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The Congregational Consulting Group, organized in 2014 by former consultants of the Alban Institute, is a network of independent consultants. We publish PERSPECTIVES for Congregational Leaders—thoughts on topics of interest to leaders of congregations and other purpose-driven organizations. —  Dan Hotchkiss, editor

Pairing the Process with the Problem

In the life of every congregation, problems will eventually surface. Such challenges may involve disagreements and conflict, genuine harm, or more serious allegations of misconduct. Pairing the process with the problem requires discernment about the nature of the problem, as well as a suite of relevant processes. An effective response may also require the involvement of the local judicatory and/or outside mediation or consultation.

Following are three examples of possible challenges that a congregation might face, along with possible responses.

Conflict Resolution

Rev. Smith, who has served the Green Hills congregation for 15 years as senior minister, recently hired a younger associate minister to replace a beloved colleague. Within a year, tensions developed between the two, primarily over differing visions for the future of the congregation and contested understandings of the associate’s job description. Despite multiple attempts to talk through their differences, Rev. Smith and the associate remain at odds about how to work effectively together.

Green Hills is part of a larger judicatory, so the senior and associate minister consulted with the judicatory regarding how to proceed. They were encouraged to work with the chair of their Personnel Committee (or Staff Parish Relations Committee) to identify an experienced third-party mediator from outside the congregation to assist them in communication and role clarification.

The mediator that both parties accepted had experience with staff conflict in congregations and was particularly attentive to the power differential between a long-term senior minister and a newer associate minister. After initial pre-mediation meetings with each party and several joint sessions, the mediator drafted an agreement that both ministers signed, summarizing their commitments and plans to work together.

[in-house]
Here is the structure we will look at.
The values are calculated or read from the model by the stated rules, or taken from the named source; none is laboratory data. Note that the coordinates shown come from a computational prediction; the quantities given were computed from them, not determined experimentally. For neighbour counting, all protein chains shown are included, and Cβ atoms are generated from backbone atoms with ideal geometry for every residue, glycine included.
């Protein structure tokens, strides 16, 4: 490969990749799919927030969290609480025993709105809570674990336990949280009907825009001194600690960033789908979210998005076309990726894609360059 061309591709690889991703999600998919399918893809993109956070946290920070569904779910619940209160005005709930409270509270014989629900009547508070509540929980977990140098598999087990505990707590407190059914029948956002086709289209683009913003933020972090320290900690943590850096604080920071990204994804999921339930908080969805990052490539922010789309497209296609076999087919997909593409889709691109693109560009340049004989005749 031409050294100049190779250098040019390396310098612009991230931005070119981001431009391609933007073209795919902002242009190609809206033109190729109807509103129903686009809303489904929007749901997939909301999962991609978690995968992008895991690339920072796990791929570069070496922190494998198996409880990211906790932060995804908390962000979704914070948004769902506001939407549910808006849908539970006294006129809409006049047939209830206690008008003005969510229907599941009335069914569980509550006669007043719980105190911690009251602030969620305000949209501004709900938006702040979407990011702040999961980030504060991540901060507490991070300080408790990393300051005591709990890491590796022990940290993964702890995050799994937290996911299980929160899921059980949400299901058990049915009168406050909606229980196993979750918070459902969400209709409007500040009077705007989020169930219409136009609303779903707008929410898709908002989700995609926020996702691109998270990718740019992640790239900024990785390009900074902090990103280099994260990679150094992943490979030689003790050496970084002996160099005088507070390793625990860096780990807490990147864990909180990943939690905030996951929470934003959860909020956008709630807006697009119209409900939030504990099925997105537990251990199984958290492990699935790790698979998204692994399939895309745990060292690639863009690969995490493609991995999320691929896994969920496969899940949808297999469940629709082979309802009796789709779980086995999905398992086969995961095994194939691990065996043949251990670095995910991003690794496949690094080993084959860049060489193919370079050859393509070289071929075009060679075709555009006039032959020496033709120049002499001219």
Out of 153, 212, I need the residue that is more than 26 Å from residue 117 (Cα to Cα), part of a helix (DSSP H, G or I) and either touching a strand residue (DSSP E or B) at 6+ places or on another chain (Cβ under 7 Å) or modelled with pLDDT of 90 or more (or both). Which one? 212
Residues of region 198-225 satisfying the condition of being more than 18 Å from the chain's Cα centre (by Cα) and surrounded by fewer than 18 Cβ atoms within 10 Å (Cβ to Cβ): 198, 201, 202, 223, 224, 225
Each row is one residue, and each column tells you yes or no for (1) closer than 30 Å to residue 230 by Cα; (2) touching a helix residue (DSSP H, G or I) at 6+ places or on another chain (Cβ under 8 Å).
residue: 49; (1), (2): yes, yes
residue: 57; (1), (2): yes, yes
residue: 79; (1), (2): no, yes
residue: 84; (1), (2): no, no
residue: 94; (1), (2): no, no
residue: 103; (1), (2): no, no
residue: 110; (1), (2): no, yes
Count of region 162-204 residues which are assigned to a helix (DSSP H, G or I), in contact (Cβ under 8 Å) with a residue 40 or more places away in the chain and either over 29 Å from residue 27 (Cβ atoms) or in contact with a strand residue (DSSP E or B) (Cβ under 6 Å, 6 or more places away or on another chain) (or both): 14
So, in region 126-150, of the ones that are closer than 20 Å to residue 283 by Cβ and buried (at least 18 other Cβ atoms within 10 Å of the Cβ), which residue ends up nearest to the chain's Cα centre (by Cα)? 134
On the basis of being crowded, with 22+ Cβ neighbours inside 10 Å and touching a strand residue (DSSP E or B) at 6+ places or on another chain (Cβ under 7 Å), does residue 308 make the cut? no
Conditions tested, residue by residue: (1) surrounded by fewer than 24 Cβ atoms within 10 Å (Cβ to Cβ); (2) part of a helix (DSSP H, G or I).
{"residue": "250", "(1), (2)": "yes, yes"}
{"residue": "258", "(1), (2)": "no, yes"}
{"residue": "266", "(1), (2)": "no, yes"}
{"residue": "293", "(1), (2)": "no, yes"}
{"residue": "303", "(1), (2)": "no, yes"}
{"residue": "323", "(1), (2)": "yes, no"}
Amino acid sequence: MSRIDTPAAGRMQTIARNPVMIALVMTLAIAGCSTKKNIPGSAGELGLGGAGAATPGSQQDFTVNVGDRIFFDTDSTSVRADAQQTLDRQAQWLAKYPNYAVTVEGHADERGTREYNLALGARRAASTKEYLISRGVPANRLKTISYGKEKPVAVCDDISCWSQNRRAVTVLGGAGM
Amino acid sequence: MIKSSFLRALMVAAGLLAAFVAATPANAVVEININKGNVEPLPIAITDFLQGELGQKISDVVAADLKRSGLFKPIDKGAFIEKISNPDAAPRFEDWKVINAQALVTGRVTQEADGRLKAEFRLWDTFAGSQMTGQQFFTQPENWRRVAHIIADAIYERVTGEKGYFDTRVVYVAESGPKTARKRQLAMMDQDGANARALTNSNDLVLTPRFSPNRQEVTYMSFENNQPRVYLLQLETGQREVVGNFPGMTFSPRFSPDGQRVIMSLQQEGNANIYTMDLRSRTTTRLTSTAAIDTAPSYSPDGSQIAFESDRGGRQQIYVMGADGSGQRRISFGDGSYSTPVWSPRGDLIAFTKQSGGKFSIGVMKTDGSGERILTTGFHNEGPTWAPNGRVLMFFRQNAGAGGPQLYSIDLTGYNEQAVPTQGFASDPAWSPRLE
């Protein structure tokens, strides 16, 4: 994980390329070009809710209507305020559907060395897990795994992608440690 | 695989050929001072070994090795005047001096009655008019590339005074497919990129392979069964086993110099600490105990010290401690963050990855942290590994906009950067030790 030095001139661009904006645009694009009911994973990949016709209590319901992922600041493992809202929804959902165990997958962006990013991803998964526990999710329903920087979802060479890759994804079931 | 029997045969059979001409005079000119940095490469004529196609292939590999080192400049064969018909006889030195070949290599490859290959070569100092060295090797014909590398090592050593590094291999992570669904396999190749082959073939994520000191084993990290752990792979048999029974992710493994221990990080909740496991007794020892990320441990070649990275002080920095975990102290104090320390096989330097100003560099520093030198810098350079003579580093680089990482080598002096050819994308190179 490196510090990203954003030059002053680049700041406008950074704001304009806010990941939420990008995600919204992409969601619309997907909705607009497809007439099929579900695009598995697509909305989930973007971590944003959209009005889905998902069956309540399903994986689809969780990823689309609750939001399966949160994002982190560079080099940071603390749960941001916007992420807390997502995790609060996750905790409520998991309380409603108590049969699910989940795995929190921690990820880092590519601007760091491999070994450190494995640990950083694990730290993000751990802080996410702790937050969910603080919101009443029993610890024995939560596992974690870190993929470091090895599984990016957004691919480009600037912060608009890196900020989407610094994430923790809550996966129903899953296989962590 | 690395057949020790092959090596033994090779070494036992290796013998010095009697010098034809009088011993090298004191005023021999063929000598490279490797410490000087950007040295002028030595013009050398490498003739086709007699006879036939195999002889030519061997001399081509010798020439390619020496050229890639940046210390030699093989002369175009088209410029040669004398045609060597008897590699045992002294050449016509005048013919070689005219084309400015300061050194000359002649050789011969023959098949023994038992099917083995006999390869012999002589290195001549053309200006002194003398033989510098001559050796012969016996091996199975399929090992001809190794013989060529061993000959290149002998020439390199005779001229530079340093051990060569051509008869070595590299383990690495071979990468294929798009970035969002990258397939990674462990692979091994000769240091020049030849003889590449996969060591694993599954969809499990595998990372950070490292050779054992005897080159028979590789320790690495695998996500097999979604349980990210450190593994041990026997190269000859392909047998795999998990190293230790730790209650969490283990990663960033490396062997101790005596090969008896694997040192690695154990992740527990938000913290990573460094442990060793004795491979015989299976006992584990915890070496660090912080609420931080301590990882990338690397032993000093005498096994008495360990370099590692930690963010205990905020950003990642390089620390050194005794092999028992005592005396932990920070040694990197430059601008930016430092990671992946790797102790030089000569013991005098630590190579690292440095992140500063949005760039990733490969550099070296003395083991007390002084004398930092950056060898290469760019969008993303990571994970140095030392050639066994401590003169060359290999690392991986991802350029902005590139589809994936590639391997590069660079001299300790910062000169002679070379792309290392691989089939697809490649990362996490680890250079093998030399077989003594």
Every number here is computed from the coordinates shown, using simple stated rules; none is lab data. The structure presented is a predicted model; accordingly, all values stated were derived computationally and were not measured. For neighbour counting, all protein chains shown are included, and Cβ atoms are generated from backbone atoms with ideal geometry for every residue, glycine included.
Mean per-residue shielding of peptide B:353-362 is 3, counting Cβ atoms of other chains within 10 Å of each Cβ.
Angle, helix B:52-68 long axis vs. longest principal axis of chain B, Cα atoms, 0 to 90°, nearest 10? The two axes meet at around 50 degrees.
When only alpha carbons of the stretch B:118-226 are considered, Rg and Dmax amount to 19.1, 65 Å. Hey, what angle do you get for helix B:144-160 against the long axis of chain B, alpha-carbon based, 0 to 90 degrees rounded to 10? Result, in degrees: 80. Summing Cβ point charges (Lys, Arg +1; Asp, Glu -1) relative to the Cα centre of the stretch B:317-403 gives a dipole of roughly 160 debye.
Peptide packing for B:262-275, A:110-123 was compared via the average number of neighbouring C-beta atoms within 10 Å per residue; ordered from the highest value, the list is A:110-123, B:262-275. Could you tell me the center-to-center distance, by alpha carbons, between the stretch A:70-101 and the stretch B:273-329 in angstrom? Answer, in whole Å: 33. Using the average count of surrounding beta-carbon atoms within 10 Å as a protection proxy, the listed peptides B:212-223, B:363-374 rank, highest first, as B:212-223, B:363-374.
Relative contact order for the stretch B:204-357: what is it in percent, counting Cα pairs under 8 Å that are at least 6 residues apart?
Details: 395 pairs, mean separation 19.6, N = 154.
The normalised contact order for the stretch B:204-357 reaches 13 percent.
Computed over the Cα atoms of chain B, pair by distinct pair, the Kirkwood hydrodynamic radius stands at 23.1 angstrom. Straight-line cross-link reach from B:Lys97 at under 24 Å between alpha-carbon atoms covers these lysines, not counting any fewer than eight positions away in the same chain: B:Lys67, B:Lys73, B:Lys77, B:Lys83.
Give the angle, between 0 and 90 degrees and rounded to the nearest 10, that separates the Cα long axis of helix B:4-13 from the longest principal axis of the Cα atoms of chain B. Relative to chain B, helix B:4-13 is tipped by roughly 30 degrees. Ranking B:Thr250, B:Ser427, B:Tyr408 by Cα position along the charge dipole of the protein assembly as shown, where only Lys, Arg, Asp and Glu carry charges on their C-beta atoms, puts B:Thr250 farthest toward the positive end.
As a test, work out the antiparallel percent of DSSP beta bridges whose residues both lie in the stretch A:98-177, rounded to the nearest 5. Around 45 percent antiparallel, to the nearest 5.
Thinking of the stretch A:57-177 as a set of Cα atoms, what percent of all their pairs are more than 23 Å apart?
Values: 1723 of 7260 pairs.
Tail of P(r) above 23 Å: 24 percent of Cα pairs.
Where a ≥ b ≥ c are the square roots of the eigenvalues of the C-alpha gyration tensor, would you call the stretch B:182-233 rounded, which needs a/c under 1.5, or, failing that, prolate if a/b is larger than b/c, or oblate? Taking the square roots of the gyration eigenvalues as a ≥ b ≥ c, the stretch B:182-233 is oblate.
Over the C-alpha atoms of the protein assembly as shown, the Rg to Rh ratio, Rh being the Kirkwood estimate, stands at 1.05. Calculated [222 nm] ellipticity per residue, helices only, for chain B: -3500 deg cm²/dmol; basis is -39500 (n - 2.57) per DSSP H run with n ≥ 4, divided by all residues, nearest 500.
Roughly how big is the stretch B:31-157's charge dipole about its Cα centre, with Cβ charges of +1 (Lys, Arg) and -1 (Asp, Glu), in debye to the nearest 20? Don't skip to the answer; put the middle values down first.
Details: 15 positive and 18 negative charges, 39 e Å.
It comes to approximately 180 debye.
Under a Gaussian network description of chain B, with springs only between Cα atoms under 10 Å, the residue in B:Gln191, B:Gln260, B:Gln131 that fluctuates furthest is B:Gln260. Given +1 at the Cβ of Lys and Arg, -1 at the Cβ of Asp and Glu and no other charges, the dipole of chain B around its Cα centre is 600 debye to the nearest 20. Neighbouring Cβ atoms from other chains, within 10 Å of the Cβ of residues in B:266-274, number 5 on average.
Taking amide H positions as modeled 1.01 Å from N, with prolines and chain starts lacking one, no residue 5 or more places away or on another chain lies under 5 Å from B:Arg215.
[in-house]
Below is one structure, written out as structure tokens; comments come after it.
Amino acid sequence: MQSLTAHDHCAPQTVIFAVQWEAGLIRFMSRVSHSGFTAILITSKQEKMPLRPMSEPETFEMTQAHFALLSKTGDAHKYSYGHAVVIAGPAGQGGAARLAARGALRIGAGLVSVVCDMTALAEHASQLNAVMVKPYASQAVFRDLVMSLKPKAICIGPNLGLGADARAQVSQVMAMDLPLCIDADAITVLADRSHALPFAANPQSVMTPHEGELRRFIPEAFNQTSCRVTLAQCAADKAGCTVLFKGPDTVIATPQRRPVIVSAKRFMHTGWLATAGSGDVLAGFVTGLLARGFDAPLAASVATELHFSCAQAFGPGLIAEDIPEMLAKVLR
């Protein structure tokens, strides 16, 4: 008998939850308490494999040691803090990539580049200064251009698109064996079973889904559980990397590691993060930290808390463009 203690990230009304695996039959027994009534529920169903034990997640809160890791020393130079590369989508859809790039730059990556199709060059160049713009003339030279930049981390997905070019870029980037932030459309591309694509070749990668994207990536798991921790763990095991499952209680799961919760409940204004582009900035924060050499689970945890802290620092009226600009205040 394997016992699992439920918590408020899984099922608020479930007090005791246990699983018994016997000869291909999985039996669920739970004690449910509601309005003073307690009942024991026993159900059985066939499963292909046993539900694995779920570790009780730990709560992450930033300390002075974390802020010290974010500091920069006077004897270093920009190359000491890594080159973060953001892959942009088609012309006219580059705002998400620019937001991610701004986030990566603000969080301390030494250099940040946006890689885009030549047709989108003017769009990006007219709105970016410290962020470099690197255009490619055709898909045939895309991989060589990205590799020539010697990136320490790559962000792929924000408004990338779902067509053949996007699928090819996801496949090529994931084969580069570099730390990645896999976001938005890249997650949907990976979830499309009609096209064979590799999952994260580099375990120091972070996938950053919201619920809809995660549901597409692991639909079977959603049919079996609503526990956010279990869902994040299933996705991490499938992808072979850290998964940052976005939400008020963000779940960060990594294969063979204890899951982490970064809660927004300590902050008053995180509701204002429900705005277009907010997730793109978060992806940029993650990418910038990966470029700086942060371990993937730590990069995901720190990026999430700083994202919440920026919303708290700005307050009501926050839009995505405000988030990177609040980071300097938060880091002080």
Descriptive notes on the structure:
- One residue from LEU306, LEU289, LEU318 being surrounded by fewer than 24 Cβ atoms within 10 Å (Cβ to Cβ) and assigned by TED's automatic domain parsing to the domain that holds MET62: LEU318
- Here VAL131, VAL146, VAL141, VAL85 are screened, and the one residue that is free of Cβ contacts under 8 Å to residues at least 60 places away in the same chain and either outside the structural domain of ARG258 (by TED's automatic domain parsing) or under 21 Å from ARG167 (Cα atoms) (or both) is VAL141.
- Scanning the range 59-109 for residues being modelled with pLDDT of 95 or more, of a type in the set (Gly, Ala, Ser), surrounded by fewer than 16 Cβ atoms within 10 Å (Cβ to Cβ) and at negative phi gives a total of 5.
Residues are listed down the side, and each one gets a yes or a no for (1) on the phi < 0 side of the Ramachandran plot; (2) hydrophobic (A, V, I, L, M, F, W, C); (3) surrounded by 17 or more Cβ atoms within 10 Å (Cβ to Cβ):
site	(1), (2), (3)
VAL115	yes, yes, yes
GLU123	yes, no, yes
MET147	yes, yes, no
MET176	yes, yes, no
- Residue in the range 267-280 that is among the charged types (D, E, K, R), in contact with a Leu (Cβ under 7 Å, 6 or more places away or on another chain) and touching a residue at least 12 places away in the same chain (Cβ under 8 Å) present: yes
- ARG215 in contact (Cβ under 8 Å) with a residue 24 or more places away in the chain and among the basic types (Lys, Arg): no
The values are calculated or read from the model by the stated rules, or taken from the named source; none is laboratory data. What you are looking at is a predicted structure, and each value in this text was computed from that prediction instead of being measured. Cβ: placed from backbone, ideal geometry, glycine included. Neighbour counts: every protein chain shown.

Restorative Processes

Avery and Taylor live in the same urban neighborhood and belong to a small group within the First Downtown congregation. Avery owns a small downtown business that sells “lightly used” clothing on consignment. The business has been very successful, and until recently Taylor had been one of the most consistent consignors of clothing at Avery’s shop.

Taylor’s loyalty ended when she became convinced that Avery was not offering a fair price for the clothing Taylor brought. Taylor blasted Avery’s business practices on social media, urging friends and family to boycott the shop. Avery experienced a noticeable drop in sales in the month following the posts.

Other participants in the small group were aware of the situation and noticed that both Avery and Taylor stopped coming to the biweekly small group meetings. Another member mentioned that the city had a “Conflict Mediation and Restorative Justice” Center, and wondered if such services could be helpful to Taylor and Avery. After checking with the staff at the Center, the group member encouraged both Avery and Taylor to contact them.

When Taylor spoke with the intake staff person at the Center, Taylor acknowledged over-reacting to Avery’s pricing policy and offered to remove the posts and apologize. The staff person also met separately with Avery, who wanted more explicit acknowledgement of the harm her business had suffered due to Taylor’s posts. When the two ultimately met in a restorative process, Taylor offered to post online and also to inform friends that she had misunderstood Avery’s policy and regretted spreading information that had damaged the reputation of Avery’s business.